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Credit Score Confusion: How to Find an Accurate Credit Score Report

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    NEWSLETTERS

    One North Texas woman went to a handful of places online to figure out what her score was but she only ended up more confused. (Published Friday, March 17, 2017)

    Leslie Jones says her credit scores are all across the board, high and low, and she has no idea how to find her true credit score.

    "The lowest score is 662, and the highest score is 745," Jones said.

    The Garland woman is monitoring her score before purchasing a car. She doesn't want any surprises, but she's having a tough time. She's pulled her scores from her credit card company, CreditWise and all three credit bureaus.

    But the difference among them? Almost 80 points.

    "It's giving me an inflated view of what the score actually is," said Jones.

    So why does this matter? It can mean for big purchases like a car, Jones could be hit with much higher interest rates than she expected.

    But according to some Financial Coaches, the solution isn't cut and dry. 

    "If you want to know your true credit score or your true FICO score, you would need to order that through the three credit report bureaus: Experian, Transunion and Equifax," said Regina Blackwell of Transformance. They're a nonprofit that help people get out of debt.

    Jones pulled all those scores, but she says they're still all over the place, ranging from 676 to 715.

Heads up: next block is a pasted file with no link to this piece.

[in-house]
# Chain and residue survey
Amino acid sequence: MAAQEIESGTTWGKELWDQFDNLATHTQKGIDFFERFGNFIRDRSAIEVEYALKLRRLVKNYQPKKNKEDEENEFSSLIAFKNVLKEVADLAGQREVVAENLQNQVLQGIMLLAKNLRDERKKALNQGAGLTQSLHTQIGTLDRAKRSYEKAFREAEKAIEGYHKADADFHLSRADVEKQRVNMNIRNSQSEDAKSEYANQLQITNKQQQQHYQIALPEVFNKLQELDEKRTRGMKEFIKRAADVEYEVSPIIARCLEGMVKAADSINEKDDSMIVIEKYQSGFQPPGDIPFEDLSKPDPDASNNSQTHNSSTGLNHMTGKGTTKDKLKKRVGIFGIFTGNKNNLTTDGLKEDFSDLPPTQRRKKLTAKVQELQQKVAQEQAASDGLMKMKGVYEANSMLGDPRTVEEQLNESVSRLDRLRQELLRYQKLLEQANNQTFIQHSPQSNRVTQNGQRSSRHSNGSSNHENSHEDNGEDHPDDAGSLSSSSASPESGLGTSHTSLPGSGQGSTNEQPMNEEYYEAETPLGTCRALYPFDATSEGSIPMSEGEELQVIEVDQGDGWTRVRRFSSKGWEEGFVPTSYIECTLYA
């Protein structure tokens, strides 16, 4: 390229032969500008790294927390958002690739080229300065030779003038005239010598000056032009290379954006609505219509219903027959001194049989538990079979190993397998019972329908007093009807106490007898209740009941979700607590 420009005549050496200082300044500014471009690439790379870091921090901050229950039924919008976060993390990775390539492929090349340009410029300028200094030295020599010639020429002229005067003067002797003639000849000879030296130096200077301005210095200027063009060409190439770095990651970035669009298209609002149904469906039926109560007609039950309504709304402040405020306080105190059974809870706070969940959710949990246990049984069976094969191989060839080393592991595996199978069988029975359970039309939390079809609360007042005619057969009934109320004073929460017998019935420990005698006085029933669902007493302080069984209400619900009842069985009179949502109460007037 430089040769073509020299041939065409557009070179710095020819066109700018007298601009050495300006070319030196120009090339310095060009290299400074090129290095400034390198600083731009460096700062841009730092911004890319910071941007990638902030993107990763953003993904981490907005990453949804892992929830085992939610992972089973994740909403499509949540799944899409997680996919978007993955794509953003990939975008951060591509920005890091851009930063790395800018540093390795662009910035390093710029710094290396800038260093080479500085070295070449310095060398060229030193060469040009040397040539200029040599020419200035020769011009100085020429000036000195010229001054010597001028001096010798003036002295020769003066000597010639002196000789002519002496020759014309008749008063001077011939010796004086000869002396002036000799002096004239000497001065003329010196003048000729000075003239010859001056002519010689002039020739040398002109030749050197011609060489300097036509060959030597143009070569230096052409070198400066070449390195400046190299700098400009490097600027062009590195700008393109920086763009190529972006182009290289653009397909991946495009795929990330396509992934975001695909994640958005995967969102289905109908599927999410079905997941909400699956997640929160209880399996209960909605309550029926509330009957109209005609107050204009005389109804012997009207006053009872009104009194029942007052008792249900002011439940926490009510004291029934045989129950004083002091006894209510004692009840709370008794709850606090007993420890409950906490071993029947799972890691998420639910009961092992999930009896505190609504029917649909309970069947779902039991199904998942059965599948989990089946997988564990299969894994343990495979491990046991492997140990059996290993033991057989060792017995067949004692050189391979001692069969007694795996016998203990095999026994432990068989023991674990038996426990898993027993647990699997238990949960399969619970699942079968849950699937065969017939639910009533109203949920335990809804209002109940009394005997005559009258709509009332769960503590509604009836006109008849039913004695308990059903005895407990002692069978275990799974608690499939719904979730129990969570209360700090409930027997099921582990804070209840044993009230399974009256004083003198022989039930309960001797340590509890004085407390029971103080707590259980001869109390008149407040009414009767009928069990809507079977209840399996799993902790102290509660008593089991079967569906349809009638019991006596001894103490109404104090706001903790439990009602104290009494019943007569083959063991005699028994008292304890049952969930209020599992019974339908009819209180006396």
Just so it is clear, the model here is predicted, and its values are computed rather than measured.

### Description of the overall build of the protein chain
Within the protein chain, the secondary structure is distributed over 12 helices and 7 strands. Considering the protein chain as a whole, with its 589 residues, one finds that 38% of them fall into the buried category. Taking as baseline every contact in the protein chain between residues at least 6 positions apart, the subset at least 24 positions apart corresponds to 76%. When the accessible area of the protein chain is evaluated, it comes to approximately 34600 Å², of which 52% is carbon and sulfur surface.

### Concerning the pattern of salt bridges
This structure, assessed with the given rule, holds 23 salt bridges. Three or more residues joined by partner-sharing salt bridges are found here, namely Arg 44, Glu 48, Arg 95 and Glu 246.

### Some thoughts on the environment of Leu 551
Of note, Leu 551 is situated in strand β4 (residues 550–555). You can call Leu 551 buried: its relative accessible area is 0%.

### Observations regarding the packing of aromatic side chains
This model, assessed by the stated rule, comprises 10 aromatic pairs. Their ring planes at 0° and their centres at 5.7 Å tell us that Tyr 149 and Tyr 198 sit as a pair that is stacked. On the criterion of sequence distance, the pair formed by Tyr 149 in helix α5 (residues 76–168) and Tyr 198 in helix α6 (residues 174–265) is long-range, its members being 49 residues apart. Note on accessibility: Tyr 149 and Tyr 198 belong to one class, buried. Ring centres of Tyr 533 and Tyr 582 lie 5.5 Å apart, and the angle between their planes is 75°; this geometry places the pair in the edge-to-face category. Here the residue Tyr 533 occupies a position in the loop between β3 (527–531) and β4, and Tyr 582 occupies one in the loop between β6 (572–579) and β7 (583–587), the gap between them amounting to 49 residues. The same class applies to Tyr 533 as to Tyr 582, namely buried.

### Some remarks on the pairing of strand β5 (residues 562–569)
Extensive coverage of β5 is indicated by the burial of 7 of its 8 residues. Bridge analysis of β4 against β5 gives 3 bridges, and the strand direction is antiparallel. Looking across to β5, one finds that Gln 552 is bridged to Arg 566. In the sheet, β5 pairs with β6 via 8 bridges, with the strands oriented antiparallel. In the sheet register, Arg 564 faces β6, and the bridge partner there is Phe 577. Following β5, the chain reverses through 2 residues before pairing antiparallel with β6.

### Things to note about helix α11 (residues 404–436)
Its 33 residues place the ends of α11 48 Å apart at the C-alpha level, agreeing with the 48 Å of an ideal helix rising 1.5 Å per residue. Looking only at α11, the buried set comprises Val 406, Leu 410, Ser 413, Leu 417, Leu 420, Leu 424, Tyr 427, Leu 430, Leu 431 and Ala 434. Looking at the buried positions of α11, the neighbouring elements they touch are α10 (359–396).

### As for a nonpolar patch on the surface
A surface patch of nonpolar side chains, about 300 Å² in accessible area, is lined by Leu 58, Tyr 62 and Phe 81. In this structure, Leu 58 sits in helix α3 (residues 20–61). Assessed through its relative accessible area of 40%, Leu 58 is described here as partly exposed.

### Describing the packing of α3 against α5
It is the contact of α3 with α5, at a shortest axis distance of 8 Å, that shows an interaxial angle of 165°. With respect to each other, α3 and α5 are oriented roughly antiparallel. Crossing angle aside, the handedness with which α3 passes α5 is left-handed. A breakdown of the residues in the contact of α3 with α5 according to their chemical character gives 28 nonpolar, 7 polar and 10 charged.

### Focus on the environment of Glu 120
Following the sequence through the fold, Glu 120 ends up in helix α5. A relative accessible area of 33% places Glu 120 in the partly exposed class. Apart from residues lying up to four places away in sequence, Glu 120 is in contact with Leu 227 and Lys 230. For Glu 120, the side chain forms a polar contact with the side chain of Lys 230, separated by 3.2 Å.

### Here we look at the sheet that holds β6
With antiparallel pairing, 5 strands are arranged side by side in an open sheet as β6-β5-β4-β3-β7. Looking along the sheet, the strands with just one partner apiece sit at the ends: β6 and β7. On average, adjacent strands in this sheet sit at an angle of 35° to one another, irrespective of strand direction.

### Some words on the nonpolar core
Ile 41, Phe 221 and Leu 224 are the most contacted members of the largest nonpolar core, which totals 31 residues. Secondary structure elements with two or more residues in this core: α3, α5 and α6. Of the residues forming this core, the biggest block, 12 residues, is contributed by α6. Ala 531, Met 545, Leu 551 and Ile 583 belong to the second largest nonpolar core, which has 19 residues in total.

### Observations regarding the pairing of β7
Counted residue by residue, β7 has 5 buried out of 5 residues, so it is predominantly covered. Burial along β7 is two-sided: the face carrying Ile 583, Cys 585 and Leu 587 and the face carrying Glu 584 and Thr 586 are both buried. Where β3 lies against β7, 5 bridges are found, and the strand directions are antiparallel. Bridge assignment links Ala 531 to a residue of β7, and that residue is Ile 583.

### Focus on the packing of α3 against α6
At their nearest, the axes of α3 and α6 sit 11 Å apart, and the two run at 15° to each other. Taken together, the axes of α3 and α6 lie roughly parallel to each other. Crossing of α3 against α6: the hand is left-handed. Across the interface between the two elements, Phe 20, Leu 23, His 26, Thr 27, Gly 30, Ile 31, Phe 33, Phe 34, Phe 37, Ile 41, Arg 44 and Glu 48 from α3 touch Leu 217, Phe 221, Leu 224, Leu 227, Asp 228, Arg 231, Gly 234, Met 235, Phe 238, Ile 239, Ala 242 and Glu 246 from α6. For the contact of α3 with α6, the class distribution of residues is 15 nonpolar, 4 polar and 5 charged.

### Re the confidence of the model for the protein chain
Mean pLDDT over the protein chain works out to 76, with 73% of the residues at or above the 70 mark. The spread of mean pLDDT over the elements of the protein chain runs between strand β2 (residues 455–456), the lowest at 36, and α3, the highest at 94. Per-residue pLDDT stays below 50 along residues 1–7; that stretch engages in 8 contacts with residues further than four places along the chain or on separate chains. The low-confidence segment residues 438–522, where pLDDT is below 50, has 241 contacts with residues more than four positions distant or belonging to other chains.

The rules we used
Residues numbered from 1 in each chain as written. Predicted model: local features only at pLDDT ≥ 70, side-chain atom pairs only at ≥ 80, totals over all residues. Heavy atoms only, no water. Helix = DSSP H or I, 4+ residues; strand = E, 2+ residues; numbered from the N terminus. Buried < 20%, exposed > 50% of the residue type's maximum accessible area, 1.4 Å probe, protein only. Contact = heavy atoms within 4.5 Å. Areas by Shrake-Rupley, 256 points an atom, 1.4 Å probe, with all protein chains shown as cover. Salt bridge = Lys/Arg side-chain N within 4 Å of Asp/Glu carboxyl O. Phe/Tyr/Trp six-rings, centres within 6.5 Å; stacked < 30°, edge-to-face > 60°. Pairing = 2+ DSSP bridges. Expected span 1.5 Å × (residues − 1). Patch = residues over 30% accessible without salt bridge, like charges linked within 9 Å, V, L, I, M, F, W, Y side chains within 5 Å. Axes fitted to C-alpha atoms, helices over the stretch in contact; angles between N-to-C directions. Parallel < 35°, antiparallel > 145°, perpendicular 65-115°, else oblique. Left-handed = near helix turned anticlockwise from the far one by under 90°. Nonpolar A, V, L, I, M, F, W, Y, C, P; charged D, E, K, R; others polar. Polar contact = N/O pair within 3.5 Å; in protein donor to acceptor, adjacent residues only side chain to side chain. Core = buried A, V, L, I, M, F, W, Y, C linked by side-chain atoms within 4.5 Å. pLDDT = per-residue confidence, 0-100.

Jones is confused and frustrated, but she's not alone.

    The Consumer Financial Protection Bureau says consumers need to know there is no single credit score. That's because each agency gathers information from different places and calculate scores in a number of ways.

    So when you're making a big purchase:

    "They will pull from all three bureaus, and they will take the lowest of the three," said Blackwell.

    That means before you decide on that big purchase you've had an eye on, check with the bureaus.

    "If one of them is really really low you may want to pull that one and concentrate on it to see why," Blackwell said.

    You have every right as a consumer to investigate your report. There are ways to check your credit score for free:

    • Thanks to the Fair Credit Reporting Act, consumers are entitled to one free annual credit report from each of the major credit bureaus every 12 months
    • If you want to monitor your credit throughout the year, it will cost you. Keep in mind your scores can change from month to month
    • And if you need help improving your credit go see a financial coach. There are non-profits out there that can help at no cost, like Transformance


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